NWTF and USDA Natural Resources Conservation Service cooperative forester Sid Munford highlights the importance of the agency’s Wetland Reserve Easement program and how it is making a landscape-scale conservation impact in the Natural State.
The Mississippi Alluvial Valley, a massive swath of land that stems from Ohio and into the Gulf of Mexico, once supported 24 million acres of floodplain forest, swamp, slough and riverine habitat. However, according to the U.S. Fish and Wildlife Service, the area is now considered the Southeast’s most deforested region, with more than 75% of forests lost to development.
To turn the tides of habitat loss, the NWTF is continuing its multiyear partnership with the Arkansas Game and Fish Commission and the NRCS to bring the Mississippi Alluvial Valley back to its former glory in Arkansas. This work is made possible thanks to a grant from the National Wildlife Foundation’s Lower Mississippi Alluvial Valley Restoration Fund.
The Wetland Reserve Enhancement Partnership facilitates the essential work happening on private lands within the Mississippi Alluvial Valley in Arkansas. The WRE is a voluntary program through which the NRCS enters into agreements with partners – in this instance, the NWTF – to leverage resources to carry out high-priority wetland protection, restoration and enhancement and to improve wildlife habitat. The program is a component of the agency’s Agricultural Conservation Easement Program.
Since 2014, the NRCS in Arkansas has enrolled and restored 278,000 acres of wetlands and bottomland hardwoods under the ACEP-WRE program. Sid Munford is the cooperative forester delivering much of this critical work for the NWTF and the NRCS.
“Much of my work as an NWTF cooperative forester is working with private landowners and explaining how the WRE program can benefit their property for wildlife,” Munford said. “Most landowners I have worked with are interested in doing what they can to draw in and retain wild turkey populations on their properties. I develop project plans to guide the management activities and monitor the progress of the fieldwork to ensure that best management practices are observed on our private landowners’ properties.”
As an NWTF and NRCS cooperative forester, Munford performs an array of duties, including:
Reforestation design development on WRE restoration projects.
Coordinating and monitoring tree-planting operations.
Surveying older plantings to assess seedling survival.
Marking timber harvests for habitat improvement.
Assessing older plantations to determine management needs.
Consulting with landowners in the WRE program to help them meet management goals.
The overall ecological value of the landscape is increased through this work and bridges the connectivity of a healthy ecosystem with public and private lands. For instance, one of the main focuses of the WRE program is bolstering the health of water and water systems in the Mississippi Alluvial Valley.
“As water from surface runoff enters a property restored and managed through the WRE program, the roots of plants hold the accumulated sediments on site,” Munford said. “As much as 90% of the sediments in runoff may be removed if the water passes through wetlands, as well as removing pollutants in runoff, resulting in cleaner groundwater. It really showcases what active management can accomplish for ecosystem health.”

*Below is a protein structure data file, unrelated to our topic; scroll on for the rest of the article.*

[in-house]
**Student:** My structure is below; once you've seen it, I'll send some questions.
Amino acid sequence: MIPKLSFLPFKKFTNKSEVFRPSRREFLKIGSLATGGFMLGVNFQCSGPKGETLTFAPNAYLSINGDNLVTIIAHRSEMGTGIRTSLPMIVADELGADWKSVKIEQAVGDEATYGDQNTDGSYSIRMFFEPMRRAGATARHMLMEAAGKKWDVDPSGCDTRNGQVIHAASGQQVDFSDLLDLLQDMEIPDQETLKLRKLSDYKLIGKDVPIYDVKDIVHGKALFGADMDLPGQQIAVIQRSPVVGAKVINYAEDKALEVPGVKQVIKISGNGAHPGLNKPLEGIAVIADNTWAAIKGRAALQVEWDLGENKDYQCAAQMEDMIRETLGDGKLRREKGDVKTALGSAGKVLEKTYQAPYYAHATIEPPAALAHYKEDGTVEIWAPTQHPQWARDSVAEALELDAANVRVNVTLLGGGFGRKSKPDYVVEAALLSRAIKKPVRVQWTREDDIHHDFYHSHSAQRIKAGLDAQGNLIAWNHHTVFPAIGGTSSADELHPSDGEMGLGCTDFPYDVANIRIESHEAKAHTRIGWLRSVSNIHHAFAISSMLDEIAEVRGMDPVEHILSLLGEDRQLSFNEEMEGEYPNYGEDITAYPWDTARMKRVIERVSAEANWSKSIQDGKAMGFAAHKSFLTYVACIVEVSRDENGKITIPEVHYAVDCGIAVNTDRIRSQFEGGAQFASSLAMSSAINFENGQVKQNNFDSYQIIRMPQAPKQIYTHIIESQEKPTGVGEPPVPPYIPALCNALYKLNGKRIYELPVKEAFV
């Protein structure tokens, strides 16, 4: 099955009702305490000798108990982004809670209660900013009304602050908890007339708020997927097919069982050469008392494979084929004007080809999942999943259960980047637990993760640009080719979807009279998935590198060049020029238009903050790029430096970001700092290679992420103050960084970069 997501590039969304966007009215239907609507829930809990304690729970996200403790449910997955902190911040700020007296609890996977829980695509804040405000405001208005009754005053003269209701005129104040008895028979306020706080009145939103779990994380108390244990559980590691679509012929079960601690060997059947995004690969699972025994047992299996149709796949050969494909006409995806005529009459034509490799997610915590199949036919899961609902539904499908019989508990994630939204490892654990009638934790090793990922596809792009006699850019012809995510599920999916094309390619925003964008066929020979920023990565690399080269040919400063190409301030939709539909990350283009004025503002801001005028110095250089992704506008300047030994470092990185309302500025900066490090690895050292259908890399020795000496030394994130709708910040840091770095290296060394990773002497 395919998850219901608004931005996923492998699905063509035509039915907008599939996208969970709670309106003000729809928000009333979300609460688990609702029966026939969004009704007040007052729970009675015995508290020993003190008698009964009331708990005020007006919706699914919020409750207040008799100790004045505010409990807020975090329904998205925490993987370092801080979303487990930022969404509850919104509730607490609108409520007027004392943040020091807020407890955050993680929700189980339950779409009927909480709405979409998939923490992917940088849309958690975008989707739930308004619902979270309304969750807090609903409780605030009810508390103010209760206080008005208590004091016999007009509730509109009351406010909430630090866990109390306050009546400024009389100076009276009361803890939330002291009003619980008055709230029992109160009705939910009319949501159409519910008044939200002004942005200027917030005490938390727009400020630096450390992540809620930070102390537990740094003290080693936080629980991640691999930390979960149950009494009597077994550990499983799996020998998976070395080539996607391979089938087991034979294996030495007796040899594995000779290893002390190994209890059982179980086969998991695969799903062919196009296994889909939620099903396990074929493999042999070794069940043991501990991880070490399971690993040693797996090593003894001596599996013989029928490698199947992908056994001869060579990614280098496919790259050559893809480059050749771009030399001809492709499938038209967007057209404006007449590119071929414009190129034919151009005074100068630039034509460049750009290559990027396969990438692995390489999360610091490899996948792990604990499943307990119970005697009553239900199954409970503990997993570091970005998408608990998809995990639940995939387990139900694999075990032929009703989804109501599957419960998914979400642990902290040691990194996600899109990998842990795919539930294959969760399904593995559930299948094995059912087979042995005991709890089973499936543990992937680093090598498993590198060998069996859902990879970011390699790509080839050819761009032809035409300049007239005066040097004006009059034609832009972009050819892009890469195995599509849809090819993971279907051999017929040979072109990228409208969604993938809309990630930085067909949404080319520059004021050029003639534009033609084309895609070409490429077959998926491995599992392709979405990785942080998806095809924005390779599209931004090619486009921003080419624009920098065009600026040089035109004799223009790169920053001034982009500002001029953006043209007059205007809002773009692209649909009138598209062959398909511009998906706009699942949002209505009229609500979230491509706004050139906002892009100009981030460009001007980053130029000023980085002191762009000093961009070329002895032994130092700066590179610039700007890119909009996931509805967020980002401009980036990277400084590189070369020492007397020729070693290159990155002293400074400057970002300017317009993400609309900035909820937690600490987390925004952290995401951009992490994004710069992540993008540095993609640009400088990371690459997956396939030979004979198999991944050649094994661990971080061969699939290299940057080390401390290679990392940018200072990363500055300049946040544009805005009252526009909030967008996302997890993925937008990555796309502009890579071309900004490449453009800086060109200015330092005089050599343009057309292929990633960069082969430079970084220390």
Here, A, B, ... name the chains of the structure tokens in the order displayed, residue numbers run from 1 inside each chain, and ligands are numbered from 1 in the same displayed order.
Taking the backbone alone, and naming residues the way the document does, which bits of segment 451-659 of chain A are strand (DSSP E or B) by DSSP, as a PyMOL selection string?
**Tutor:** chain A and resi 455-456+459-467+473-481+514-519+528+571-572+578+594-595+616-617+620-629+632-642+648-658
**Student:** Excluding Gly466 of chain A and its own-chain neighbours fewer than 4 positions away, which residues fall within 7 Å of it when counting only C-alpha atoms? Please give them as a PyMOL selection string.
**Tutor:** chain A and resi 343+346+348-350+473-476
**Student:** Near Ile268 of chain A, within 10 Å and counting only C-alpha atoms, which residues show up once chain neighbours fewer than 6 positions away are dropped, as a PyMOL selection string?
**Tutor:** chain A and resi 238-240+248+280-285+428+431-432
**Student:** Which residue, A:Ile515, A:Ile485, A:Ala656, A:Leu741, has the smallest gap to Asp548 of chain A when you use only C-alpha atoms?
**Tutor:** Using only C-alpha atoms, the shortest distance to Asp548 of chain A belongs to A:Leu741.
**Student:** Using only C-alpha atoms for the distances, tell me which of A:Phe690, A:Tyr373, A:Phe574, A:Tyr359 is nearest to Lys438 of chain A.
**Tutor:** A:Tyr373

Another significant component of the WRE program is bottomland hardwood restoration, where extensive floodplain-adapted oak and associated hardwoods are planted for their impact on water quality and wildlife habitat. Munford said the rule of thumb is to plant at least 60% oaks for hard mast production and 40% for soft seed to diversify the habitat for as many wildlife species as possible. In Arkansas, the reforestation efforts have been highly successful, restoring several thousand acres of bottomland hardwood trees. This has a direct benefit to increasing wild turkey habitat.
“Existing wild turkey populations in the Mississippi Alluvial Valley are relegated to bottomland tracts along major riparian corridors,” said Jeremy Wood, AGFC wild turkey program coordinator. “WRE has a significant focus on these areas, balancing mature-growth trees and early-successional habitat, so as work progresses, there is great potential to increase available turkey habitat in the region through the program. In addition, the work through the WRE has the potential to improve habitat conditions for other species of concern, such as Swainson’s warbler, Bell’s vireo and the American woodcock.”
From explaining to landowners the ecological significance to managing forests, the work accomplished through the WRE program is making a landscape-scale impact in Arkansas’ Mississippi Alluvial Valley, and landowners are noticing a difference.
“The feedback from landowners has been positive,” Munford said. “I have reports of increased deer activity in thinned stands and have had one landowner say that more mallards came into some of the managed areas on his property to feed around the stacks of cut trees on his flooded stands in more significant numbers than previous seasons. Creating grassy openings, open lanes and encouraging mast production will help with increasing turkey populations in this region. If turkeys find the resources they require, they will stay.”
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